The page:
Cadence 2019 – Characteristic Cadence
Image credit, this page: Courtesy of Catherine Bresner
$12 General Admission
A showcase of the new video poetry generated by the festival’s many programs! The screening features the outcomes of both the youth and adult video poetry workshops, the work created by Catherine Bresner during her residency at Northwest Film Forum, the award-winning films from the open call for submissions, and a video poetry discussion featuring the local Cadence partner organizations.
Video poetry is language as light. As an art form, video poetry is lucid and liminal—on the threshold of the literary and the moving image. It articulates the poetic image visually, rather than metaphorically—it shifts words from page to screen, from ink to light. A video poem makes meaning that would not exist if text was without image, image without text. It is language-based video work or a video-based poem. Video poetry is a literary genre presented as visual media.
An exquisite corpse poem generated by thirteen writers during the 2018 Airstream Poetry Festival, translated into video by artist Shaun Kardinal and shared over Instagram stories throughout the month.
Shaun Kardinal (b 1982) is a conceptual artist and curator creating form with ephemeral repetition. His current multi-year, evolving exhibition Forwardlaunched in May 2017 from the foundation of his 2015–16 iterative curatorial project Turn. Using alteration, conglomeration, and curation, his cross-disciplinary practice manifests as modular structures, collaborative platforms, web-exclusive exhibitions, and interactive physical-digital installations. See Part 3 of Forward at Glassbox in August.
The Evolution of our Language
A decomposition triptych developed in collaboration between participants of The Image Speaks: Video Poetry Workshop, led by instructor Amaranth Borsuk.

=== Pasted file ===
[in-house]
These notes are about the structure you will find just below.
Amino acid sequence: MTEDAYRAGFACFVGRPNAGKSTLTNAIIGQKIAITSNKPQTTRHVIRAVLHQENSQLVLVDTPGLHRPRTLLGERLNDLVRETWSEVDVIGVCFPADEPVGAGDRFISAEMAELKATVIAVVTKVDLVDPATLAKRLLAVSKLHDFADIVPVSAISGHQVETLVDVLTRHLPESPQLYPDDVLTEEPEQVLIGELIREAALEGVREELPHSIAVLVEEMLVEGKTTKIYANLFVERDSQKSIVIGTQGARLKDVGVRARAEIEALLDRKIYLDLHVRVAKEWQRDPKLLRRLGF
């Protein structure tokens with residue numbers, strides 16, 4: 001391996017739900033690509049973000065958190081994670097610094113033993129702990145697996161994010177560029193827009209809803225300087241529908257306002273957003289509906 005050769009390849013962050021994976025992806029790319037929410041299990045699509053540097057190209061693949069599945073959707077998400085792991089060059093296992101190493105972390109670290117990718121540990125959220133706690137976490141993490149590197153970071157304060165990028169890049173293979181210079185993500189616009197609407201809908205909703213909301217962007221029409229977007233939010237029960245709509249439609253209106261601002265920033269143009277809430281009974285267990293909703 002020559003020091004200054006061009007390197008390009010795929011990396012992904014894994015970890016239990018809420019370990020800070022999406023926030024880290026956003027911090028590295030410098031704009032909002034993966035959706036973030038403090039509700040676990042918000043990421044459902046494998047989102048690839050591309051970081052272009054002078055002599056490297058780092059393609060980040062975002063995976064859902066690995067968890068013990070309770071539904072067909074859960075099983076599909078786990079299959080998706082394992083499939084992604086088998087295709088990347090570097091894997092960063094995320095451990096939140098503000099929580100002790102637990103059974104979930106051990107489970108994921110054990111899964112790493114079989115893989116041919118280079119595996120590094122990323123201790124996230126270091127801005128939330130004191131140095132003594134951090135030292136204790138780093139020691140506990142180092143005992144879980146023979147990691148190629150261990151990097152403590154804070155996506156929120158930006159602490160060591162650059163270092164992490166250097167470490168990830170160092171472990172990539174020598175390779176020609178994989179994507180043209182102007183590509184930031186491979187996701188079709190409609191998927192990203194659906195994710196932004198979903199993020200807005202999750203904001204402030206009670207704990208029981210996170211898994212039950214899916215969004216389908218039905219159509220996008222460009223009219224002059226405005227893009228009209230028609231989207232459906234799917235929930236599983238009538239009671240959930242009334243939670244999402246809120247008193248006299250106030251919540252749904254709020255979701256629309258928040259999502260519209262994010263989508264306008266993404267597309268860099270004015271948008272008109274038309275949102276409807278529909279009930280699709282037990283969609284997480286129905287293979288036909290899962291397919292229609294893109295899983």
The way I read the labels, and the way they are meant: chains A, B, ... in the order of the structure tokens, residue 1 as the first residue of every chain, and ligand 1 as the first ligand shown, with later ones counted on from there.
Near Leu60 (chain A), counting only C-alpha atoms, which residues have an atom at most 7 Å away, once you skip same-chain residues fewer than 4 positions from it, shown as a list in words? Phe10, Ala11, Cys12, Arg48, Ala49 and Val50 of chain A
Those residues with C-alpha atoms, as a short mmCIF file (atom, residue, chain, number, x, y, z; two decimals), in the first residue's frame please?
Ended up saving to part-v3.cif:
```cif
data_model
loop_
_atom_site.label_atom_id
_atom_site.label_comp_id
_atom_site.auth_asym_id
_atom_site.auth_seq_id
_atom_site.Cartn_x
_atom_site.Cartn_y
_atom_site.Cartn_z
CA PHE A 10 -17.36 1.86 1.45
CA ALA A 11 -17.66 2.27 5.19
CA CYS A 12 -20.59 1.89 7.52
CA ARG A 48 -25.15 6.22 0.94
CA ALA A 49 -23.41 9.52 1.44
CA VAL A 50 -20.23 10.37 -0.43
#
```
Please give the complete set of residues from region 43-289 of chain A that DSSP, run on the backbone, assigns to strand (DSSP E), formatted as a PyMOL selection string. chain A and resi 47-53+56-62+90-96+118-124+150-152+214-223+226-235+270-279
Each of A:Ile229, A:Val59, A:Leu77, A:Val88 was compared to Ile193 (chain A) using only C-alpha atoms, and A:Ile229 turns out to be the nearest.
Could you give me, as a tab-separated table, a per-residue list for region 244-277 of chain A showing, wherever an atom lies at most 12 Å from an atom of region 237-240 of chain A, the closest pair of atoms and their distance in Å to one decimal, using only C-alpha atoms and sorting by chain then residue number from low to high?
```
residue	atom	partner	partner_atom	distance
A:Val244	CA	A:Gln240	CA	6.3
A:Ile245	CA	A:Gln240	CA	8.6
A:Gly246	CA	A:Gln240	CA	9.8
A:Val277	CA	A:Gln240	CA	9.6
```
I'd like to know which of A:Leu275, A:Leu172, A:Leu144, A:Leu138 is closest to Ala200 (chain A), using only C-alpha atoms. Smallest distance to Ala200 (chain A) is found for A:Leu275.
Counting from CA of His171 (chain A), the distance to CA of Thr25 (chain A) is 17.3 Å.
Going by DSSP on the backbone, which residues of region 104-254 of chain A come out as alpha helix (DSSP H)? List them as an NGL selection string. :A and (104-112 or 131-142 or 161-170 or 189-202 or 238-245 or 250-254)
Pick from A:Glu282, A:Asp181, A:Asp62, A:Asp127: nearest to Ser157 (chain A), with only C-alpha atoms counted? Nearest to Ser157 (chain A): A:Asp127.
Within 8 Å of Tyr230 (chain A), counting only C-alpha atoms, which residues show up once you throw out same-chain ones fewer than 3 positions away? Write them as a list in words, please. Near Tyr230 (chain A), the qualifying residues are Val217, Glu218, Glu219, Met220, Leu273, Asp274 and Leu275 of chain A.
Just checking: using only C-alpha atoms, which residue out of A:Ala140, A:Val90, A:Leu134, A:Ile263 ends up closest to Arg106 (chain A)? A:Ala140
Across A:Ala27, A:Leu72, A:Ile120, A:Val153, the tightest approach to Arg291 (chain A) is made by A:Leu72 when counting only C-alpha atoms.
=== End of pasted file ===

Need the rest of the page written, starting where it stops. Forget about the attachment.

Poem + Direction: Amaranth Borsuk, Colleen Trundy, Ellie Kozlowski, Francis Miranda, Nathan Gray, Rana San, Susan Harewood, and Zoe Wilson
Amaranth Borsuk is a scholar, poet, and book artist working at the intersection of print and digital media. She is interested in forms that take poetry off the page. She is the author of Between Page and Screen, a digital pop-up book of poetry, and a recipient of an NEA “Expanded Artists’ Books” grant for the collaboration Abra, a limited-edition book and free iOS app that recently received the Turn on Literature prize. She has collaborated on video, installation, artware, and interactive works, and is the author of five books of poetry, most recently Pomegranate Eater (Kore Press, 2016). Borsuk is Assistant Professor in the School of Interdisciplinary Arts and Sciences at the University of Washington Bothell, where she also serves as Associate Director of the MFA in Creative Writing and Poetics.
Baby Likes it Strange by Catherine Bresner
Roses are red.
Violets are blue.
Desire is black, with flecks of gold in it.
Catherine Bresner is a poet and visual artist living in Seattle. Her hybrid book of poetry and poetry comics, the empty season, won the Diode Edition Book Prize in 2017. She is also the author of the chapbook The Merriam Webster Series and the artist book Everyday Eros (Mount Analogue 2017). Her poetry has appeared in The Offing, Heavy Feather Review, Gulf Coast, Poetry Northwest, Passages North, Verse Daily and elsewhere. She has been the coordinating editor of the Seattle Review and the publicity assistant for Wave Books. Currently, she is the managing editor for BOAAT Press. You can find more of her work at www.catherinebresner.com.
Lowlight by Nathaniel Gray
A video poem about inaction and negligence to the information within the media that we consume especially at this time when the impact of humanity on the environment is prevalent in news media and reads as ominous predictions from some religious text. Filmed and shot in Seattle in April 2019.
Underground, by Beth Peloff + Dua Saleh
JURY AWARD WINNER – Collaboration
Judged by John Bresland
A lonely person unexpectedly takes a journey to reconnect with life.
A visual scheme with an admirable tactility and warmth, an unusual and haunted vocal performance, a varied and evocative soundscape – “Underground” rewards repeated viewings by holding nothing back. It’s a complete work.
Entre Rios book selection
Animated and Directed by Beth Peloff
Music by Dua Saleh
Beth Peloff is a video maker and teacher who works in both animation and documentary. Her films have played at film festivals regionally and nationally. She is a 2017 recipient of the Jerome Foundation Film and Video Grant.